Agreed, Belial. Good post.
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Postby Agentstinky » Sat Jan 06, 2007 7:09 pm UTC

mwace wrote:
lani wrote:I have no words to describe my disgust at this.


I concour; these are trying times indeed. If anything is to be learned from this, its that majority conensus is fucking incompitent.


If anything is to be learned from this, it's that you can't fucking spell.

But yeah, I agree with you.
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Postby Peshmerga » Sat Jan 06, 2007 7:15 pm UTC

Agentstinky wrote:
mwace wrote:
lani wrote:I have no words to describe my disgust at this.


I concour; these are trying times indeed. If anything is to be learned from this, its that majority conensus is fucking incompitent.


If anything is to be learned from this, it's that you can't fucking spell.

But yeah, I agree with you.


Woah woah, woah.

Calm down.
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Postby Lani » Sat Jan 06, 2007 7:45 pm UTC

LE4dGOLEM wrote:So now the question is, why does every culture in the world HAVE a "Vengeance of God" niche?


Probably in reaction to the feeling of lack of control over one's world.
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Postby Belial » Sat Jan 06, 2007 8:43 pm UTC

Indeed. In fact, the extreme fickleness and danger of the Tigris and Euphrates rivers is thought to be a major contributing factor to the Mesopotamian Pantheon being so....malevolent.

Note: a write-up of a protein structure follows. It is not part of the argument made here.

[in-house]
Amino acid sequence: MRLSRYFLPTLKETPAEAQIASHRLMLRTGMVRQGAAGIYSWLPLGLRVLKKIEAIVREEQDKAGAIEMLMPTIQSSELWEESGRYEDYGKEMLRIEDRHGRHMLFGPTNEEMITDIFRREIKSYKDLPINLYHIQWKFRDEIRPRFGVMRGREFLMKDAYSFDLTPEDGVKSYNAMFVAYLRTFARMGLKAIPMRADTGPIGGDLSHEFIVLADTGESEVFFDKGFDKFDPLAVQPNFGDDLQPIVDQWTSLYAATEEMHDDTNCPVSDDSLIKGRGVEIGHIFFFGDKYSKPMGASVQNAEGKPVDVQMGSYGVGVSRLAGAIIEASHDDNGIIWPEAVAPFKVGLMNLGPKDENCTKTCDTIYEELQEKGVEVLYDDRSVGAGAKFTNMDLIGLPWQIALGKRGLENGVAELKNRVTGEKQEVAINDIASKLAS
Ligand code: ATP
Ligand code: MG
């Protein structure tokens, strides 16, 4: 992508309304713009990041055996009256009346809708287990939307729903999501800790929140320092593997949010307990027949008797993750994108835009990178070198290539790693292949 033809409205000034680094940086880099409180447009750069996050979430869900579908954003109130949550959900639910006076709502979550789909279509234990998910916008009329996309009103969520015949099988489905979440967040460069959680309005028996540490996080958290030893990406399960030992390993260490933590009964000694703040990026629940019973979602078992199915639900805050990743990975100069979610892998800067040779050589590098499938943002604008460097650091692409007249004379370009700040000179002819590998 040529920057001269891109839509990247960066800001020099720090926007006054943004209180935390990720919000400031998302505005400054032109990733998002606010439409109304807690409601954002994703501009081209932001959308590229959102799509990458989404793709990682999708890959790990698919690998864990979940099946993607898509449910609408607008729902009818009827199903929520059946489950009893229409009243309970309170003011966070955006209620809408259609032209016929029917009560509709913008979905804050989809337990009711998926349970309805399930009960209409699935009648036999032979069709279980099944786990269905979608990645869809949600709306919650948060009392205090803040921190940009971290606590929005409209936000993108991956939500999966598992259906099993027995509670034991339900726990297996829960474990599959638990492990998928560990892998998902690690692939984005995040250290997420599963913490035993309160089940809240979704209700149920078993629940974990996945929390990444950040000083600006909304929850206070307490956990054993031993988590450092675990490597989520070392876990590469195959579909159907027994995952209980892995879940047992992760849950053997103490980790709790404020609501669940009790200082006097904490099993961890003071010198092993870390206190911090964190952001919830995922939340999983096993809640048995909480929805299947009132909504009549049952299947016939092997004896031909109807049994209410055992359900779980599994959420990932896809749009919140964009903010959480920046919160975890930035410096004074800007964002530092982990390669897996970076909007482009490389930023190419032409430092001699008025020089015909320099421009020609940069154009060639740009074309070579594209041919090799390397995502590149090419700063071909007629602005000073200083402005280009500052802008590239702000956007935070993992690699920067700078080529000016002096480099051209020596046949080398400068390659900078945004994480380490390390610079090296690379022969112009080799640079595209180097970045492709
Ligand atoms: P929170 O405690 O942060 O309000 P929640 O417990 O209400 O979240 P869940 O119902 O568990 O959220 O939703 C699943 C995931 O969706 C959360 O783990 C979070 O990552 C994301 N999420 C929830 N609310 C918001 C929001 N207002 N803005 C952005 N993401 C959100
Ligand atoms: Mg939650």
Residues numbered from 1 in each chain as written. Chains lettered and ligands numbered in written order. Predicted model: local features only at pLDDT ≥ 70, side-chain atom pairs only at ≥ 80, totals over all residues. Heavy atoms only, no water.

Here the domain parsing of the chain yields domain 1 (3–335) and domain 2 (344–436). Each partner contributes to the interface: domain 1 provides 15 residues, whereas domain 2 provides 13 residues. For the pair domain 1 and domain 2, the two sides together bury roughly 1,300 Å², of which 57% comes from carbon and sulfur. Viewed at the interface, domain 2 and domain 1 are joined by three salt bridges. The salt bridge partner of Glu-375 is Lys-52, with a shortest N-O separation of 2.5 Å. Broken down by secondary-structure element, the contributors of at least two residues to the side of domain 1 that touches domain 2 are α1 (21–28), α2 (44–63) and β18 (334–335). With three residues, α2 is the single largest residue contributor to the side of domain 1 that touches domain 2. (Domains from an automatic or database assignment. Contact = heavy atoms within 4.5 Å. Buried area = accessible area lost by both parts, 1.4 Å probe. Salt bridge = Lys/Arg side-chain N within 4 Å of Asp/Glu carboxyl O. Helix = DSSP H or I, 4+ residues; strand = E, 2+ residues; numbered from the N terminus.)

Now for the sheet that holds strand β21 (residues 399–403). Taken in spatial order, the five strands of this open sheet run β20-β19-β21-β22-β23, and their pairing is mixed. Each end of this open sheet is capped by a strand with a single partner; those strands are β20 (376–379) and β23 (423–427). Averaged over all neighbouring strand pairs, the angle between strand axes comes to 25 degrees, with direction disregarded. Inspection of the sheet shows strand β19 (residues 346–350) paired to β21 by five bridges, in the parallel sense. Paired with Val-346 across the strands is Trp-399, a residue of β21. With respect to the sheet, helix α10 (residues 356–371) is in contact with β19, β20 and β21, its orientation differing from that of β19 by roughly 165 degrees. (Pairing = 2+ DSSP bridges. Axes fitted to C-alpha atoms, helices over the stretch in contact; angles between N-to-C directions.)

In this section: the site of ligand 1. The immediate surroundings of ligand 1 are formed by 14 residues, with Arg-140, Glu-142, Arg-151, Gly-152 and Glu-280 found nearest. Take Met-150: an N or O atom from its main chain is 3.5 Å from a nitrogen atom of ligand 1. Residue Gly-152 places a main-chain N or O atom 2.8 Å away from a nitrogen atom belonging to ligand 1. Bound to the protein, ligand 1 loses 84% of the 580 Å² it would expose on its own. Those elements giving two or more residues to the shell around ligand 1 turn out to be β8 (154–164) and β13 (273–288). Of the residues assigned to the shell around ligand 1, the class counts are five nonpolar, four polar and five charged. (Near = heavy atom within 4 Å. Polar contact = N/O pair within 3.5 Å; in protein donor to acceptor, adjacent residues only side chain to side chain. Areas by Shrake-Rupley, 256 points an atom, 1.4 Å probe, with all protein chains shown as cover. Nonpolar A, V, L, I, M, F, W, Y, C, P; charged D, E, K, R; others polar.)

You could probably make the same statement about the entire Amazon rainforest as it relates to South American pantheons...
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Postby Underscore » Sat Jan 06, 2007 9:58 pm UTC

What's with all the blood boiling? You're treating science like it is a religion, getting all upset and defensive when there's somebody defying it.

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Postby Belial » Sat Jan 06, 2007 10:31 pm UTC

Someone? Whatever.

The Government? That's a problem.
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Postby Ronfar » Sun Jan 07, 2007 5:06 am UTC

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Postby Hawknc » Sun Jan 07, 2007 7:59 am UTC

Well played, Ronfar.

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Postby no-genius » Mon Jan 08, 2007 3:48 pm UTC

Pathway wrote:
Peshmerga wrote:Why 2007?

Seems arbitrary.


Seems now. It's the most likely time for Jesus to come if you believe we're living in the end times. Too many people do.